Monday, September 14, 2020

STEM-ing The Tide

The cat has completely escaped the bag: H1B visas are NOT about talent scarcity. And never has been. It is labor arbitrage. It is government overreach, taking money from workers and delivering it to high tech, high finance executives. What it isn't is a necessary tool addressing a shortage of qualified high tech workers. 

How do we know? 

Because each and every year we have more STEM graduates in the USA than we have jobs for them. By well over a hundred to one. So it really, really is NOT about a lack of home-grown talent. 

For a lot of high tech jobs the internet made it very easy to ship jobs overseas. But there were and are significant problems with off-shoring. Enter a compliant government with H1B visas. Jobs quickly came back home. Just not for the homies. 

But things are changing. Companies learned, quickly, from the Indian labor market that high quality advanced degrees are not what the jobs require. As it turns out India, outside of the most excellent IIT, has no problem self-certifying and pumping out diplomas at a rate not seen (or allowed) in the western world. Not so say that India hasn't produced many fine developers, but the simple fact is that very, very few are better than those produced in the USA. They're just cheaper. Or so it once appeared. Now it turns out that those sporting a US STEM degree, while superficially more expensive, are actually a very good value. Think "Brooks Law."

Now enter the pandemic. Travel restrictions suddenly make a LOT of sense. Even to the politicos who were sucking up to India with daily increases to H1B caps.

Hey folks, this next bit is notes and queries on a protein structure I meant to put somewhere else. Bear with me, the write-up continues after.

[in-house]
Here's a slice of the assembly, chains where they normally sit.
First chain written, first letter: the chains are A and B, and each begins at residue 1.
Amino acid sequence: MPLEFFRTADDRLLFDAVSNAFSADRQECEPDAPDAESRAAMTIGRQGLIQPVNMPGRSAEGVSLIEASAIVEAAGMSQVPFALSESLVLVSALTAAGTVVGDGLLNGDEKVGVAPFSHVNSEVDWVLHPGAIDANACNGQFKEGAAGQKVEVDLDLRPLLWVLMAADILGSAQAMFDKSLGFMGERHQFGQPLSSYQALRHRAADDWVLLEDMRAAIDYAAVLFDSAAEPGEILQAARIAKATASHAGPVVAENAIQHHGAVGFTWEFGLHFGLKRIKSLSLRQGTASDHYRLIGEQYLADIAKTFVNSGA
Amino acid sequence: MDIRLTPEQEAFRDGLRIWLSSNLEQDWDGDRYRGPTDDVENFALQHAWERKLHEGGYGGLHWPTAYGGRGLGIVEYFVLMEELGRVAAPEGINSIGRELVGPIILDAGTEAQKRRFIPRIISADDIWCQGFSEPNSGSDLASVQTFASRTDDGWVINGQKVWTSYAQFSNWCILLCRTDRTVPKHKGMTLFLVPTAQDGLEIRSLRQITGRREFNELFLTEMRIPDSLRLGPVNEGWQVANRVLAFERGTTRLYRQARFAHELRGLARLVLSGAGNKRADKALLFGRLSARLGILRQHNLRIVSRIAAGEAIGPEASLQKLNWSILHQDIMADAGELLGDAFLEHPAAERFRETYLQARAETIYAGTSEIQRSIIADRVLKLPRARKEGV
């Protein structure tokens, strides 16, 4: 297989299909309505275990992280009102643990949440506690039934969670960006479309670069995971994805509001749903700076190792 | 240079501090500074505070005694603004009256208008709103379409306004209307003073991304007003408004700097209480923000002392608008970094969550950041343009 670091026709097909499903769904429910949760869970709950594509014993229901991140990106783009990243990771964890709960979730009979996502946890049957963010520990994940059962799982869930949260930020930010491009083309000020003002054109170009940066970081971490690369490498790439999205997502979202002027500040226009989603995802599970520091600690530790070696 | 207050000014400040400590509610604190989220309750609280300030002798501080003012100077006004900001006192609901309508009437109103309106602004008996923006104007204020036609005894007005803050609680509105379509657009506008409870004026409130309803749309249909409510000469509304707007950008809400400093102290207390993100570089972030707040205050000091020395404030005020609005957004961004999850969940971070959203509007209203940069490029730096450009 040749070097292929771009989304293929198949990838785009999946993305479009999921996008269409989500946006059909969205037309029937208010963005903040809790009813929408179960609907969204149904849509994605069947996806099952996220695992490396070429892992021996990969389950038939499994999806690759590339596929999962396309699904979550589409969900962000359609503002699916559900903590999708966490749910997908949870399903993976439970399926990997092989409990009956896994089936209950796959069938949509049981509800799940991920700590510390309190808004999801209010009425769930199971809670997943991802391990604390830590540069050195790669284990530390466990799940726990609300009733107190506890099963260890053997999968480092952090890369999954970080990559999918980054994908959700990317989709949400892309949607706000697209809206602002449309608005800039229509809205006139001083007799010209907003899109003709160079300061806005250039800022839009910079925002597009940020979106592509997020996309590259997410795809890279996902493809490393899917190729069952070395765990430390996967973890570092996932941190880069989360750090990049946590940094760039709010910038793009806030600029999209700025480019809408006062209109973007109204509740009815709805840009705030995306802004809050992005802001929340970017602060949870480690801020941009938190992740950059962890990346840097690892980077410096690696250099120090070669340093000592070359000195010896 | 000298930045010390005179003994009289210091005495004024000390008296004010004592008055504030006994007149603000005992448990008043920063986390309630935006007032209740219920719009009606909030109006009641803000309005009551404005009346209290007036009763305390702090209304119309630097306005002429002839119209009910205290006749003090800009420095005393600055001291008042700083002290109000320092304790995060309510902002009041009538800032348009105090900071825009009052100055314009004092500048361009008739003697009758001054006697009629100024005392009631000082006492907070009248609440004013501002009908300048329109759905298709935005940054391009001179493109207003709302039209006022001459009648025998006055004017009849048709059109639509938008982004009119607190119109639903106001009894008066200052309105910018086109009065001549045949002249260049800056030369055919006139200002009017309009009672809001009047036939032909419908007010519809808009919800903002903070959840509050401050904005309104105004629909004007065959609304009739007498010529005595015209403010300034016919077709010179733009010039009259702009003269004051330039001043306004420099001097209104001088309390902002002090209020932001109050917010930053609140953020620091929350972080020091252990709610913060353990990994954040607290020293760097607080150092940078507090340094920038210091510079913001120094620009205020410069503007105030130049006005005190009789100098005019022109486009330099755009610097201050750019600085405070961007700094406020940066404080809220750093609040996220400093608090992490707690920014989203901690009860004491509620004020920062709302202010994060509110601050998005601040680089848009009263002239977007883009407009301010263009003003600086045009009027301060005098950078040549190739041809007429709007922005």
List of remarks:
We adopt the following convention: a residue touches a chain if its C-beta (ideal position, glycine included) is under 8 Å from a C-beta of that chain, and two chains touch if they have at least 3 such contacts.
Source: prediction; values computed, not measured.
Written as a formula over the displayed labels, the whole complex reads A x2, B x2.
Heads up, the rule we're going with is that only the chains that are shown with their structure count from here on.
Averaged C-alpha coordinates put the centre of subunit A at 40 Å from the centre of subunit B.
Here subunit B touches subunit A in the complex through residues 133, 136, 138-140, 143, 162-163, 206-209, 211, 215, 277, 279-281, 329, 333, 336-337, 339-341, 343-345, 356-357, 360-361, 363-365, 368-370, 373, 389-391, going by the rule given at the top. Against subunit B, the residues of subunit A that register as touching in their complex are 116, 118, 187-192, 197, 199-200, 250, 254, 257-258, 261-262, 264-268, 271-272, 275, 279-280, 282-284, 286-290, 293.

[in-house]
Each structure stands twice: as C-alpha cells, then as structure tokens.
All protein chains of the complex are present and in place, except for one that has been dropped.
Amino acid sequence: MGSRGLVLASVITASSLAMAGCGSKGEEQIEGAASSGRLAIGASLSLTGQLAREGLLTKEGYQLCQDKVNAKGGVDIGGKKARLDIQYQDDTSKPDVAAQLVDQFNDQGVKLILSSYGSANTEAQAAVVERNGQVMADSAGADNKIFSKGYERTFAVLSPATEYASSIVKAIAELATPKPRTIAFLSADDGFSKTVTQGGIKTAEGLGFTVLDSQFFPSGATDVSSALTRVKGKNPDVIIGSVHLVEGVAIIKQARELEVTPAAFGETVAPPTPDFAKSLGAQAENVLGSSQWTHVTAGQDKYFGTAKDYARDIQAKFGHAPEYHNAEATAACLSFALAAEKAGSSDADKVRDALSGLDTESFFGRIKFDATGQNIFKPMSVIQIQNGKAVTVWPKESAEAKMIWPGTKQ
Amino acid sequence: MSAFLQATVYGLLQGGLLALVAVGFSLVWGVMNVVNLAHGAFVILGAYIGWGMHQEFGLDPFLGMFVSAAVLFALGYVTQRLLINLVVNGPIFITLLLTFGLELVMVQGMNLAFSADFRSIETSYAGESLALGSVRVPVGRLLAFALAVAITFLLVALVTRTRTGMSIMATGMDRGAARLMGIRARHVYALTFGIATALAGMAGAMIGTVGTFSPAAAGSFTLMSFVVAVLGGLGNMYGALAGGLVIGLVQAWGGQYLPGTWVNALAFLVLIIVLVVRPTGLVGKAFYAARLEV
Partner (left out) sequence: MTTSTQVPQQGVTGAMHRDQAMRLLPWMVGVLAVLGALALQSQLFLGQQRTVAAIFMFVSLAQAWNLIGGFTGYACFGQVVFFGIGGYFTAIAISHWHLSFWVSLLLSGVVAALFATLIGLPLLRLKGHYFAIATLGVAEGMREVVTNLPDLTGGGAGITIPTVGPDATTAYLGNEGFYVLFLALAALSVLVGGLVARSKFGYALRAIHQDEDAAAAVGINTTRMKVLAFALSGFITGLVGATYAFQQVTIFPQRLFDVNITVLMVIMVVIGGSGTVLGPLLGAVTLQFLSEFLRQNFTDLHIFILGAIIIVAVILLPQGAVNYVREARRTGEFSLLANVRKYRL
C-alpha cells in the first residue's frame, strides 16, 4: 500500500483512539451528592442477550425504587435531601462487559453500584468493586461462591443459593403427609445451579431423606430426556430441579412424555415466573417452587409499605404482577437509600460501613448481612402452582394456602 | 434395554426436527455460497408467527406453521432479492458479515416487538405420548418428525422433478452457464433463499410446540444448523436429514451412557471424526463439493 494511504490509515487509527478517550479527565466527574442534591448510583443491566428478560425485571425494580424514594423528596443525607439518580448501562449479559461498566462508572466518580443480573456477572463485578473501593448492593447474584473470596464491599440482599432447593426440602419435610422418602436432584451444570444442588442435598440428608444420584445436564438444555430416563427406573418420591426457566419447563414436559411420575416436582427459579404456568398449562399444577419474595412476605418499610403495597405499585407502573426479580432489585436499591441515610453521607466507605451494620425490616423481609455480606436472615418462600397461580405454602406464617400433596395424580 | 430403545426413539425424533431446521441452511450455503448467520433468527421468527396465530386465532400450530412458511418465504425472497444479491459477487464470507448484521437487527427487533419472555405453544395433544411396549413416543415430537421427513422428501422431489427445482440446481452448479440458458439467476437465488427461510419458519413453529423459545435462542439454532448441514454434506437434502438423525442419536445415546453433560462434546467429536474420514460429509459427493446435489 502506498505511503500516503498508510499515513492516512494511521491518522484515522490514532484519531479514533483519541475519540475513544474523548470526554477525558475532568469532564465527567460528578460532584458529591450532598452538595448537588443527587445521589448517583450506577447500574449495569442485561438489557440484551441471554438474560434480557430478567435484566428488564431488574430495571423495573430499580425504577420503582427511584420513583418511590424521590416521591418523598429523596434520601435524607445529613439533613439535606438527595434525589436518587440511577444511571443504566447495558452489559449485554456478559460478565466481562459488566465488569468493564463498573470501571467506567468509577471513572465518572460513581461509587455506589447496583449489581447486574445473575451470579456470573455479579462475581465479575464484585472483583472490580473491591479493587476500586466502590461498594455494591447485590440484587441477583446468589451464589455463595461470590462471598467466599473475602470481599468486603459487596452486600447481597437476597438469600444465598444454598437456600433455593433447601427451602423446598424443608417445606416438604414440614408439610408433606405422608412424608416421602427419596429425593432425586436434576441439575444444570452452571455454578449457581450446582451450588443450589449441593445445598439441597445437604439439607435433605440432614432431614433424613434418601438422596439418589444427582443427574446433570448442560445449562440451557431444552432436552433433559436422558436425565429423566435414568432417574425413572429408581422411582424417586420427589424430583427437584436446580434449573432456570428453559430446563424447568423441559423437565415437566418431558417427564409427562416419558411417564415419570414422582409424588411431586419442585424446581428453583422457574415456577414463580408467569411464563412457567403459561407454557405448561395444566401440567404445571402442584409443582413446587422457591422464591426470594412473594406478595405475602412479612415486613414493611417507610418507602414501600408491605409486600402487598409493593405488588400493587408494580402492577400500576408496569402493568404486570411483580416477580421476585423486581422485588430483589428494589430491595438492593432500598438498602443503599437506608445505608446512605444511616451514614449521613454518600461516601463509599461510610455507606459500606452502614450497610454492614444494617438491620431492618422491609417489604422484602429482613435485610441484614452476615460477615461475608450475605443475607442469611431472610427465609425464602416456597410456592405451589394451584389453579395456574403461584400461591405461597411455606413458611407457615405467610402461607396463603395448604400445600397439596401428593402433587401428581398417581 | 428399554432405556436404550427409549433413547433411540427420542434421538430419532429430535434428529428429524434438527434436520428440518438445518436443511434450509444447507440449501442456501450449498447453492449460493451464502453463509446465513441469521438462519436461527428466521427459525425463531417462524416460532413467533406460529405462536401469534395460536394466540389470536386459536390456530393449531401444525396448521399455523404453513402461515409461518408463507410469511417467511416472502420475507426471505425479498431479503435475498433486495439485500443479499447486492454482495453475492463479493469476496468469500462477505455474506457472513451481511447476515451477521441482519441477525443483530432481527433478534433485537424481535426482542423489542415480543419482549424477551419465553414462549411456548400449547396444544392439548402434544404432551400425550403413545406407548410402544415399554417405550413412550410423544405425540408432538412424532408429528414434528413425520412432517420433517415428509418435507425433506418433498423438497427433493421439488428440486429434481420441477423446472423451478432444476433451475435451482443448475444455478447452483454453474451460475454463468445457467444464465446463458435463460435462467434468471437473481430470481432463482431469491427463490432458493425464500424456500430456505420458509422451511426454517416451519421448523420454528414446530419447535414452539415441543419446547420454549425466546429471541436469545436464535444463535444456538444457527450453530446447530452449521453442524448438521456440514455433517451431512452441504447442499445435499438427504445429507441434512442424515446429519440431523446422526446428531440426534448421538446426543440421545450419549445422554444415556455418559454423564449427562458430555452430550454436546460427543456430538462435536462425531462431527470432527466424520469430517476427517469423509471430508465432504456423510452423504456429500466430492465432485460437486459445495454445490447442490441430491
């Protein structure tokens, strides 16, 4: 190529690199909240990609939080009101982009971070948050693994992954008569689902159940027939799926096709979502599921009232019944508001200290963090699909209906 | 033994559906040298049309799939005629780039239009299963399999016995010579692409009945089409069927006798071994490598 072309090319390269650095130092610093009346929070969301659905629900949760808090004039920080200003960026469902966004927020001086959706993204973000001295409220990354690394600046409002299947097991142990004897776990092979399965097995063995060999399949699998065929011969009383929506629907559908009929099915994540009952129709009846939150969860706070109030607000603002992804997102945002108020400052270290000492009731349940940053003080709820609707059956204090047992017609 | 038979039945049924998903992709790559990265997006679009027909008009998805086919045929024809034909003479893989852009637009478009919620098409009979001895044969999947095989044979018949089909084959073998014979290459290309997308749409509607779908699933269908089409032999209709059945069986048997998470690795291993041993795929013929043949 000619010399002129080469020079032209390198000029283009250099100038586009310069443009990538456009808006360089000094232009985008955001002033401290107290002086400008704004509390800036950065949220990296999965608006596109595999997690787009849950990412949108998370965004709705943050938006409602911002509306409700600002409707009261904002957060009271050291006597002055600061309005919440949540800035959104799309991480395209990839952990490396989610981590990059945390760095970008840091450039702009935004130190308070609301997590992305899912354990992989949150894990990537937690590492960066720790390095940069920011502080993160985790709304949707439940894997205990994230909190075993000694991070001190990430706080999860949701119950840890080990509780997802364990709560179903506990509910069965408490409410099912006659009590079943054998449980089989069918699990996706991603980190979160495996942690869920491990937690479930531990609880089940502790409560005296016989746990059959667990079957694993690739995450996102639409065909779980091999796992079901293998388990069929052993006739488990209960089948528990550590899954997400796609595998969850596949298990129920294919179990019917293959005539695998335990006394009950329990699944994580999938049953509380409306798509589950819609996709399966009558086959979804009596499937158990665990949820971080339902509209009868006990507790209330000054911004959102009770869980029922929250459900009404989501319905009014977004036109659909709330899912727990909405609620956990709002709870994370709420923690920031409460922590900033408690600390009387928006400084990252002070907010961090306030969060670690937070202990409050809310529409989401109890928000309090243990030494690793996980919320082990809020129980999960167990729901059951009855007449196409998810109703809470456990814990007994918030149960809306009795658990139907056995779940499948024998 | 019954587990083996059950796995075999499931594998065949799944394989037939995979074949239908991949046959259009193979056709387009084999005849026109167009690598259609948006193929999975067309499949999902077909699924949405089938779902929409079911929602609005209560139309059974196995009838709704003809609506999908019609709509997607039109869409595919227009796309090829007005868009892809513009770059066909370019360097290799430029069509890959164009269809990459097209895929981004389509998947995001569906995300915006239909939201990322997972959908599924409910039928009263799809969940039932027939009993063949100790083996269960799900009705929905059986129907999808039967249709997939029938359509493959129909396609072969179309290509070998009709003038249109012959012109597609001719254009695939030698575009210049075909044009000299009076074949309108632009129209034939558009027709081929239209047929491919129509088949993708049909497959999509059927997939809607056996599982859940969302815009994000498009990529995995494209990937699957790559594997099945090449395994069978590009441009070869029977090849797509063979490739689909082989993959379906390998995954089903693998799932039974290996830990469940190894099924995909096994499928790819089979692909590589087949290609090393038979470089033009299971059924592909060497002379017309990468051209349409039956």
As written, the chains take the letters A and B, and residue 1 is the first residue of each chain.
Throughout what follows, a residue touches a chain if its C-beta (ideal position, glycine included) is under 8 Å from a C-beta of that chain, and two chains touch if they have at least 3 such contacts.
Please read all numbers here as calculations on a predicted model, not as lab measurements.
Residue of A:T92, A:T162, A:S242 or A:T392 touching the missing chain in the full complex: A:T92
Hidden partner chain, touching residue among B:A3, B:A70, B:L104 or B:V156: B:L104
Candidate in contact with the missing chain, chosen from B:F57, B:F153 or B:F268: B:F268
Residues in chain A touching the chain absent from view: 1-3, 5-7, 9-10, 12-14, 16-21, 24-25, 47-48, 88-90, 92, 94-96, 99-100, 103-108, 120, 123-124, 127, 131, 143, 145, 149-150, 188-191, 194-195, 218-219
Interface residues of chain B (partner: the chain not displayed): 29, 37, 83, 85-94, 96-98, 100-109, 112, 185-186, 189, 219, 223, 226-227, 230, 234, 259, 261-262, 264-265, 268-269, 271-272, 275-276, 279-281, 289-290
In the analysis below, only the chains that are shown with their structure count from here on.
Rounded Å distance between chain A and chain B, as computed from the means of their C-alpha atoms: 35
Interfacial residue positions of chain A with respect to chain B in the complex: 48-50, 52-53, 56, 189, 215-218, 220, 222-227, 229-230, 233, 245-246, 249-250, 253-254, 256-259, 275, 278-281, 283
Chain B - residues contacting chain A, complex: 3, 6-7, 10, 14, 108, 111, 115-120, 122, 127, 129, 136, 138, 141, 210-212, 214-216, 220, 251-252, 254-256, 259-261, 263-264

Remote work suddenly became non-threatening. Previously front line managers in the US had legitimate fear that remote meant off-shore. Because it always had. Others in the management chain were insecure, assuming direct and indirect reports needed constant watching, and if they didn't maybe they didn't need a manager. Sort of what happened with off-shoring. Turns out constant surveillance was unnecessary. Most organizations found that workers were actually more productive, not less, almost as if supervision were unnecessary friction. 

Now we have entered a new, resurgent era. Where local talent is appreciated. Where productivity trumps tradition. Where American jobs are accessible to Americans who would otherwise be un- or under-employed. Where, as anyone who's spent much time developing with a global team already knows, quality will improve alongside reductions in missed deadlines.

Graduates with STEM degrees will no longer have to make the pilgrimage to the pacific coast to wave goodbye to their jobs. At least until the next round of lobbyists win the day.